Sri Lanka monorail plan to suburbs not feasible: minister
ECONOMYNEXT – A planned monorail along a key traffic corridor from Colombo to the suburb of Malabe is not feasible until 2025, but tracks of shorter distances could be possible, a minister said.
"Monorail is also one of the options but according to our calculations, that is not financially feasible of the time being," Minister Patali Ranawaka, who heads a ministry charged with making greater Colombo into a Western Province Megapolis told members of the National Chamber of Commerce.
"But here in city areas we will introduce monorail rather than out of Colombo areas. We have seven corridors but (traffic in) each corridor is not sufficient for this monorail. But beyond 2025 it will be a feasible option.
"But for the time being Borella, to Pettah, Kotahena to Pettah in the city area it can be done."
Under a Japan International Corporation Agency study an overhead light rail system was talked about as the more cost-effective option rather than a standard size mass rapid transit (MRT) rail for the Colombo-Malabe corridor with an off-shoot to Kotahena.
The Colombo-Malabe corridor is congested and traffic is slower than walking pace is some section during the morning and evening rush hour.
There were expectations last year that the project would be advertised for investment by the Board of Investment quickly.
But Minister Ranawaka said the shorter lengths of track within the city are expected to be on a build operate transfer (BOT) basis.
"We will allow foreign investors to come," he said.
MRT solutions are typically public private partnerships where the civil works are done by the government and rolling stock is owned and operated by a private party on a long term BOT contract.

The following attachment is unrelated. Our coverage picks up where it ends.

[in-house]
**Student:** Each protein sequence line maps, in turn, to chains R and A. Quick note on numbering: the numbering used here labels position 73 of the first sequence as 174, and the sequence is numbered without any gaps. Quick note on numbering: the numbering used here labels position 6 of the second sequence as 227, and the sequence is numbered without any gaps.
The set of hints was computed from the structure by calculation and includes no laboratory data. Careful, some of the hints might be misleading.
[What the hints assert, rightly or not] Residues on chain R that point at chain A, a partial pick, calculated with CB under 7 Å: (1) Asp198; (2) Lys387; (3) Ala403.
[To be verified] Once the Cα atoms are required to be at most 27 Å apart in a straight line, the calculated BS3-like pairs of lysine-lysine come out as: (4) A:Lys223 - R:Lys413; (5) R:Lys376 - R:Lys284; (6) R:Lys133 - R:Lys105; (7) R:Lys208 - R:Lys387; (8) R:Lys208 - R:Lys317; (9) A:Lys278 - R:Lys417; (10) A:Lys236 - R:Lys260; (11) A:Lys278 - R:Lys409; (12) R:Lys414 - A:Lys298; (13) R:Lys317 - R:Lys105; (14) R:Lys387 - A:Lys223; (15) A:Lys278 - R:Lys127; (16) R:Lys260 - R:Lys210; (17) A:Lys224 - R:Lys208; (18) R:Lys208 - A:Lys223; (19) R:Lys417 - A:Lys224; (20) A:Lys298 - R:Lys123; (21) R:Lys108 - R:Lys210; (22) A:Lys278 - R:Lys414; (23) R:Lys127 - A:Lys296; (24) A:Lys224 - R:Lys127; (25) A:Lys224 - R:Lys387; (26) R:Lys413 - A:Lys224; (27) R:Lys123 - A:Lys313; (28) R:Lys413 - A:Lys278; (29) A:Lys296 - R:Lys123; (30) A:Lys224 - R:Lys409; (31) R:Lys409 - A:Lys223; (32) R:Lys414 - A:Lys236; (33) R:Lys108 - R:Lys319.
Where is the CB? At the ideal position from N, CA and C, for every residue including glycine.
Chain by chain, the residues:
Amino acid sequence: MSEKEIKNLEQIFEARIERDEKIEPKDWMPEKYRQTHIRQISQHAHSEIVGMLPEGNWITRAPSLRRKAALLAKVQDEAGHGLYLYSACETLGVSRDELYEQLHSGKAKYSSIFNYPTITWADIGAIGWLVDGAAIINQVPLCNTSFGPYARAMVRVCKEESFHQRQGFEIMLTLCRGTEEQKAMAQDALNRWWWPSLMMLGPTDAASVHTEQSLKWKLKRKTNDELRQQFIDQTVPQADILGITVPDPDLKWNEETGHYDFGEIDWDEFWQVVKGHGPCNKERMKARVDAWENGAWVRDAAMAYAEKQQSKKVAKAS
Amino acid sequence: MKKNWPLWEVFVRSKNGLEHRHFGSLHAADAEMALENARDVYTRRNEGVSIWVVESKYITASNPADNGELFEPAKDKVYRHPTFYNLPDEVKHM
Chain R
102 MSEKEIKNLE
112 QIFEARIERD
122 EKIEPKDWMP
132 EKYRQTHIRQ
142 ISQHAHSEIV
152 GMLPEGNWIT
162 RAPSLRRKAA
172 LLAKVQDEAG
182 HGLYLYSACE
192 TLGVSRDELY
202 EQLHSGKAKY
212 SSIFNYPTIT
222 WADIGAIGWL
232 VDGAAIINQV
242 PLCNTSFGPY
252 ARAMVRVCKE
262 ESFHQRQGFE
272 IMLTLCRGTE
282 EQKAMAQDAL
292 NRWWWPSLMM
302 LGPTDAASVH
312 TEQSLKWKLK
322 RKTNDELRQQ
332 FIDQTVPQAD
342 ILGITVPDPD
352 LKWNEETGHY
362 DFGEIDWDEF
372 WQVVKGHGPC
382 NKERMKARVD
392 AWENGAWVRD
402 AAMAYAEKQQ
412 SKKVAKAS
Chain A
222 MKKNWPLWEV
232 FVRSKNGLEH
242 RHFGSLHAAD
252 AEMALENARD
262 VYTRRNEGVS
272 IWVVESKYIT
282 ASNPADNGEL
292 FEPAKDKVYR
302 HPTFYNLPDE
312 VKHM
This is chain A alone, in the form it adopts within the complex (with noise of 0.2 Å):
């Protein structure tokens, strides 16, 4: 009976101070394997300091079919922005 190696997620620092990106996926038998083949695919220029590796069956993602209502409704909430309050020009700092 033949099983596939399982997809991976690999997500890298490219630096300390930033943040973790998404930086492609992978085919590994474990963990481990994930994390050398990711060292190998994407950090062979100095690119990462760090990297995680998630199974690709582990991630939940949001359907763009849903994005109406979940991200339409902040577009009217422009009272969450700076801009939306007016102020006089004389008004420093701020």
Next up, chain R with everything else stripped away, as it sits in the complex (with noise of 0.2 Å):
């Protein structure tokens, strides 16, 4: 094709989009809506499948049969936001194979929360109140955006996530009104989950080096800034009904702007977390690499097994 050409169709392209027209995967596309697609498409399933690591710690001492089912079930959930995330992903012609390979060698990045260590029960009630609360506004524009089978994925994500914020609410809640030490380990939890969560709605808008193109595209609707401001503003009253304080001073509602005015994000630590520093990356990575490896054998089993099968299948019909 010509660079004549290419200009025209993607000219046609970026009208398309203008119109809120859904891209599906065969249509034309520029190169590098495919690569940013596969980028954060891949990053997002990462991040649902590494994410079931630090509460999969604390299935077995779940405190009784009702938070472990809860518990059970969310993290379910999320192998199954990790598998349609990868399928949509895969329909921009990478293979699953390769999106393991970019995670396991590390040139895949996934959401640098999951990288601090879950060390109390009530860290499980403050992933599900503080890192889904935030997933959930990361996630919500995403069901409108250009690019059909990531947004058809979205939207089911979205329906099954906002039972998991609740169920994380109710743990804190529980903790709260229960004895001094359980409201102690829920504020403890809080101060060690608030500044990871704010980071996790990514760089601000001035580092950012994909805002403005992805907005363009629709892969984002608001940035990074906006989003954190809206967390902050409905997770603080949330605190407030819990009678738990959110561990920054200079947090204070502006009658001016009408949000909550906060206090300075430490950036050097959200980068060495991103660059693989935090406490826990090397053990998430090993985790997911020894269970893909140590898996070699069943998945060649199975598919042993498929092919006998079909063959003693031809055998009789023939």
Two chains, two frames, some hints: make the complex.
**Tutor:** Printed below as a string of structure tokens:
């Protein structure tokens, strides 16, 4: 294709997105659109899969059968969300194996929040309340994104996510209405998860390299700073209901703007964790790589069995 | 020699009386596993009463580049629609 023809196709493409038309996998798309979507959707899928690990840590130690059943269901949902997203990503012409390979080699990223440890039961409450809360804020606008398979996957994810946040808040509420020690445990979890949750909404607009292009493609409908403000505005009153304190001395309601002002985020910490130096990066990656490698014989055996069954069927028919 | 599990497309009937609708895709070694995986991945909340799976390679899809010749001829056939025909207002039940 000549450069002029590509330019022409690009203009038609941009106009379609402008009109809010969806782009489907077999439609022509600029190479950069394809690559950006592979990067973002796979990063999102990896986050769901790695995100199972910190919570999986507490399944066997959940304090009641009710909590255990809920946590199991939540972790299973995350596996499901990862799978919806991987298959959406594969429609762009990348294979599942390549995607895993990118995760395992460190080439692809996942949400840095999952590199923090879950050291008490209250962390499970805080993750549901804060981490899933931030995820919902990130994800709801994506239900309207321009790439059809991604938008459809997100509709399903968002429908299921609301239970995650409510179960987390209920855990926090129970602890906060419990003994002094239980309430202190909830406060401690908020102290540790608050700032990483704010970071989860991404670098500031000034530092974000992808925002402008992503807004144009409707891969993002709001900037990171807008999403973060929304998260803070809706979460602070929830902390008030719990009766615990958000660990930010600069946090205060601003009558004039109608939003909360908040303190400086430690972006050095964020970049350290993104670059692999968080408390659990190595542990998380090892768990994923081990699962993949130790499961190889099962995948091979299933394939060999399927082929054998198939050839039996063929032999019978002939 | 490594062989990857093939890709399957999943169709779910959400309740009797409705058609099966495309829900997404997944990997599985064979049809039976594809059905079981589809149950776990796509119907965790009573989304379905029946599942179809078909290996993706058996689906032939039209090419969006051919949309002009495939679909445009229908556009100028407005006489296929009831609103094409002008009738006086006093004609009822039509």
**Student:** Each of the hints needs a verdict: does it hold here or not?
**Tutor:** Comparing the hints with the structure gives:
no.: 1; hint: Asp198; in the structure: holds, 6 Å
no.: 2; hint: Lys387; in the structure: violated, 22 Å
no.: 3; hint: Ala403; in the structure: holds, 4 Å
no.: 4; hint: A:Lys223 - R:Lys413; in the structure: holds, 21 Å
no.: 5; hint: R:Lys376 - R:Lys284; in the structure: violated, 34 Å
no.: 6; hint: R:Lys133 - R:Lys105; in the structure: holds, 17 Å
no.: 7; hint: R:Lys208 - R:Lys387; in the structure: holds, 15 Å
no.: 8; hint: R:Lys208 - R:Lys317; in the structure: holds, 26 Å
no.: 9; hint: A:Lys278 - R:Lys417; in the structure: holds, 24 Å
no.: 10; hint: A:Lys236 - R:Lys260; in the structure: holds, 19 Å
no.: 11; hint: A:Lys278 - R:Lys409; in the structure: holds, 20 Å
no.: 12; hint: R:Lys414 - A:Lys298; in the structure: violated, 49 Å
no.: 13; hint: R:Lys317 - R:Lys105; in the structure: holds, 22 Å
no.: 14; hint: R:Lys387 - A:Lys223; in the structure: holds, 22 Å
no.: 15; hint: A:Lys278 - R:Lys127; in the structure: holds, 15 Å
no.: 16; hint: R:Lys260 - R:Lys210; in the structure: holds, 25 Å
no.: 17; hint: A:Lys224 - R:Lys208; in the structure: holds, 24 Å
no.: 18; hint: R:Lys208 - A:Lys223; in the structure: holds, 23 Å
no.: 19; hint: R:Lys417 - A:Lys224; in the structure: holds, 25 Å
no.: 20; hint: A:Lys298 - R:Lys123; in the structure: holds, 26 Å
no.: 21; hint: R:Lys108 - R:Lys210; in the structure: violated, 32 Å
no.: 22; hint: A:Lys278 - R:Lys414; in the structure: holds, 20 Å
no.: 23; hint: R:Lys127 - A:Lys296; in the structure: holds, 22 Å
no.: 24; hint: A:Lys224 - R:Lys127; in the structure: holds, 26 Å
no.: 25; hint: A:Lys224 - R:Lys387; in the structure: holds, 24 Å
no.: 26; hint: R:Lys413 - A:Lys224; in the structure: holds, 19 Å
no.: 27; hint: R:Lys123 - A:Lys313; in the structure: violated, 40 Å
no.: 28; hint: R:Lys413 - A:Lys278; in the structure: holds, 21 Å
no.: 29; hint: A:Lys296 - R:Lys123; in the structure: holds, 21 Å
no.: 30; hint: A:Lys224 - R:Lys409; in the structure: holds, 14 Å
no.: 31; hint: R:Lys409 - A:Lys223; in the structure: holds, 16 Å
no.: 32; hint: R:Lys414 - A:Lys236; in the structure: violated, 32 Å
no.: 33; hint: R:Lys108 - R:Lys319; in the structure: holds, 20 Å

But in Bangkok, a property group now known as BTS built a standard-sized overhead MRT (Bangkok Skytrain) entirely with private capital and a large proportion of its revenue comes from advertising. Some of the newer lines however are standard PPP with less risk to the operator.
In the last quarter BTS related media revenue was 466 million Thai Bhat compared to MRT revenue of 617 million Bhat from ticket and revenue shares from other concessions including the operation of a bus rapid transit (BRT) line.
Sri Lanka is expecting the Western Region Megapolis to have a population of 9 million people by 2040 from the current 5.8 million which is about 29 percent of the population.
He said a growing middle class no longer wanted to use available public transport.
Under the megapolis plan some new roads will be built, some roads expanded and transport hubs built to integrate bus rapid transit (BRT) and rail.
Colombo’s Manning Market will be shifted to build a transport hub around the Pettah railway station. Transport hubs will be built in Moratuwa, Kadawatha, Kottawa and Katunayake.
"We want to encourage more people to use public transport," Ranawaka said.
The Colombo Megapolis plan has been drawn with local experts and specialists from Singapore’s urban planning agency, Surbana. (Colombo/Jan24/2016)